For Akka 2.1 we have reimplemented the Dataflow API to be based on implicit value classes, both to be able to add the API to the Futures that have been moved into the Scala Standard Library, and to keep performance at an acceptable level.
The good news is that the API looks and feels exactly the same as in 2.0.x, so let’s see what Dataflow enables.
As mentioned in our Migration Guide, your beloved Akka Futures transmutated into SIP-14 which is to say that this functionality moved into the scala library itself. But there is more movement:
- The previously contained scala.actors package moves out of the library proper into its own project, and
- Akka actors are bundled with the Scala 2.10 distribution as a replacement.
For Akka users this change does not have visible effects (you will continue to depend on the same artifacts), but for current users of the scala.actors implementation a migration path towards Akka actors is offered. Vojin Jovanovic and Philipp Haller have prepared a comprehensive step-by-step guide to ease this process, which is supported by a migration library offering Akka-like interfaces on top of scala.actors. We’d like to send a big thank you from Uppsala to Lausanne!
In our efforts to make the Akka documentation as good as possible, the 2.1 documentation have now reached a bit over 400 pages. That is a whopping 100 pages more than the 2.0 documentation.
To make this mass of documentation as easily accessible as possible it is now searchable by release directly in the online version. Try it out on the 2.1 Release Candidate Documentation.
Thanks to excellent work by Raymond Roestenburg and Piotr Gabryanczyk the Akka module for Apache Camel is completely rewritten in Akka 2.1.
Camel is an open-source framework based on known Enterprise Integration Patterns and it is great for integrating Akka systems with other external systems. The Akka Camel module provides an easy to use bridge between actors and Camel endpoints.
For Akka 2.1 and Scala 2.10 we have worked together with the Scala communtiy on SIP-14 to bring you a unified standard API for futures in Scala. Since the futures have moved out of Akka and are now part of Scala 2.10 it means that package names and some APIs have changed.
If you are using the Akka Toolkit from Java, then have no fear. The Akka Java API to help you use futures from Java is still there.
This is a brief rundown of the differences. More information is available in the Akka 2.0.x to 2.1.x migration guide
You can now easily use SSL with Akka remoting. It’s simply a matter of configuring it in your
You can read more about SSL and Akka remoting in the Akka remoting docs for Scala or docs for Java. There are also resources available for learning about Java Secure Socket Extension and working with key stores with the Java Keytool.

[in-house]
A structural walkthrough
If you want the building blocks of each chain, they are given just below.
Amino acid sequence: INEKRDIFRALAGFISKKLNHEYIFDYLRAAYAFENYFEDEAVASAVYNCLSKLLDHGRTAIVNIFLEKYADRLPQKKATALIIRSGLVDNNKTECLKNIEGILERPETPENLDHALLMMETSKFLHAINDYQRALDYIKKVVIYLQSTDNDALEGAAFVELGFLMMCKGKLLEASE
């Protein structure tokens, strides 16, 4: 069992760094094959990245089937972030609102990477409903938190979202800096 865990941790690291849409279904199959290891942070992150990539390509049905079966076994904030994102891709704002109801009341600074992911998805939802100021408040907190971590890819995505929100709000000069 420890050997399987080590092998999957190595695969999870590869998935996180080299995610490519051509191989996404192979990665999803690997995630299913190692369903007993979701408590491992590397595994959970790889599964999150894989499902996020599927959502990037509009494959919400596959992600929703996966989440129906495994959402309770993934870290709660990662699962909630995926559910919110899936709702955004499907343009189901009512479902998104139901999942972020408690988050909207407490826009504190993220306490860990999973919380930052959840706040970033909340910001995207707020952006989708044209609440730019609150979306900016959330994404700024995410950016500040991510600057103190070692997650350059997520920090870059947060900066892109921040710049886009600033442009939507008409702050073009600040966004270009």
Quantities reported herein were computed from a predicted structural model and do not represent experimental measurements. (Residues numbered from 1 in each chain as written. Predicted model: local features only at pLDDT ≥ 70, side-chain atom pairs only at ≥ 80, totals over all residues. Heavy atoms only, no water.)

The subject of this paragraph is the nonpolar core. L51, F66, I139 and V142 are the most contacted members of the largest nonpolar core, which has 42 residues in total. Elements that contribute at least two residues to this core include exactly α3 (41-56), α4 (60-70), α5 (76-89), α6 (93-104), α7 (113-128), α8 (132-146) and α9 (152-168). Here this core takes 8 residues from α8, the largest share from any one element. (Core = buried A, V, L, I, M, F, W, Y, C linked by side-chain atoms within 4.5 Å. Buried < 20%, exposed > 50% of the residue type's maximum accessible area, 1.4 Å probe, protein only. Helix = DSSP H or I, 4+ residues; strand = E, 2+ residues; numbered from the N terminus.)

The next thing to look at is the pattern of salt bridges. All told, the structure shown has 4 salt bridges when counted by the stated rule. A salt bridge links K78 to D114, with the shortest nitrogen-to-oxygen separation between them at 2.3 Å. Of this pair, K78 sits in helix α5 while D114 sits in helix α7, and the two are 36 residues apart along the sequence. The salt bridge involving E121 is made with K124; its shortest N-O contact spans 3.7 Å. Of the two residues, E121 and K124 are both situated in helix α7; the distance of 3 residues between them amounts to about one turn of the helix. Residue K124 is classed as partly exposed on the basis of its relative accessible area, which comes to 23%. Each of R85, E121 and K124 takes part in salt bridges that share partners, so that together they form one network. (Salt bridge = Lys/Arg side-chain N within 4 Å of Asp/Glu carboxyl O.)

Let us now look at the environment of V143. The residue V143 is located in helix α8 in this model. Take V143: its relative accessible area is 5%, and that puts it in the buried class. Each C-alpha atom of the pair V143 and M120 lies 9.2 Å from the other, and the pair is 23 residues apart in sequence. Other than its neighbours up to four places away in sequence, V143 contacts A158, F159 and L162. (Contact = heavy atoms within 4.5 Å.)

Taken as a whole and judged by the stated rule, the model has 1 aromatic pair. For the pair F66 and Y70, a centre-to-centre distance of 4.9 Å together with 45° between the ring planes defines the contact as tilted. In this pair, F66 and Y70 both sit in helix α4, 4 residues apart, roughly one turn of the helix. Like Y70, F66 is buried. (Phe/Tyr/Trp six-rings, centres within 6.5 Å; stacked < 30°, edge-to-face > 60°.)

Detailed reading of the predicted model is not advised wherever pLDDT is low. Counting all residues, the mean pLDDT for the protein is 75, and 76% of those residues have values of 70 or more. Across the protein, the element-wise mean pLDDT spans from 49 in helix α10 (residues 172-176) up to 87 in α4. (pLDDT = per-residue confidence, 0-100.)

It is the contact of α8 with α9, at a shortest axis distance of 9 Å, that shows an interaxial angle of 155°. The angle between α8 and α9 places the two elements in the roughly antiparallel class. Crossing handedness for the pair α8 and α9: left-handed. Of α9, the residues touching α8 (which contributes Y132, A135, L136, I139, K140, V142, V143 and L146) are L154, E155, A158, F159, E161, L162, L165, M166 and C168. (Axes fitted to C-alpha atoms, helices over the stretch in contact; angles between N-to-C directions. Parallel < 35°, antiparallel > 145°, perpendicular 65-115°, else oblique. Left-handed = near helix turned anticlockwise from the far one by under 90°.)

I’m sure you are all aware of the ongoing efforts spent on the documentation (with no small amount of corrections from our very helpful community), and that you made it your habit to re-read the full 400 or so pages on the second weekend of each month, but still: it is worth pointing out that there are not only additions for all the new features, there are also clarifications. Here are just a few select pointers you could choose to start your next doc journey with:
- looking behind the curtain: the cluster specification
- designing actor systems: blocking with care
- top-level guardians explained
- how to configure multiple actor systems
- a word on dead letters
- supervision and lifecycle clarifications
- Akka use cases
- several updates to the remoting docs, for Java as well as Scala
- status update for durable mailboxes
In the 1.x timeframe we had a second repository called “akka-modules” which was supposed to hold modules which were not considered to be part of the core of Akka, but should still be maintained. This did not work out so well, mostly because developers are lazy and want a single unified build to check their work. Thus we moved some modules into the “akka” project proper and discontinued others (which were not actively enough maintained to make the jump to 2.0). But this left us lacking an incubation area where new modules can mature before being blessed into the core distribution.
This subproject is part of the regular Akka build process, included in the online docs and part of the continuous integration testing. This ensures that the code in there stays up-to-date while Akka evolves. At the same time, this subproject is structured such that individual parts can easily be taken out and incorporated into your own projects, to make use of them and give feedback before we commit to supporting them with all bells and whistles. The idea is that a good module will be championed by external contributors, battle-tested in the field and finally incorporated as a mature member of the Akka family.
The whole setup was tested by implementing a messaging pattern I always wanted to include, but soon after that Kaspar Fischer offered the first candidate: a message throttler. You are welcome to have a look and let yourself be inspired.
With the 2.1 version of Akka we have added scaffolding to help you run and coordinate tests spanning multiple machines. The feature is still experimental but fully functional.
To use the Akka multi node testing in you project you need to add this plugin to your sbt build. In
Your project also needs to have akka-remote-tests-experimental as a dependency. Here is a small sbt build example to get you going. You can put it in
And finally a small multi node test example that demonstrates some barriers and remote communication. Should go into
More information is available in the Akka documentation.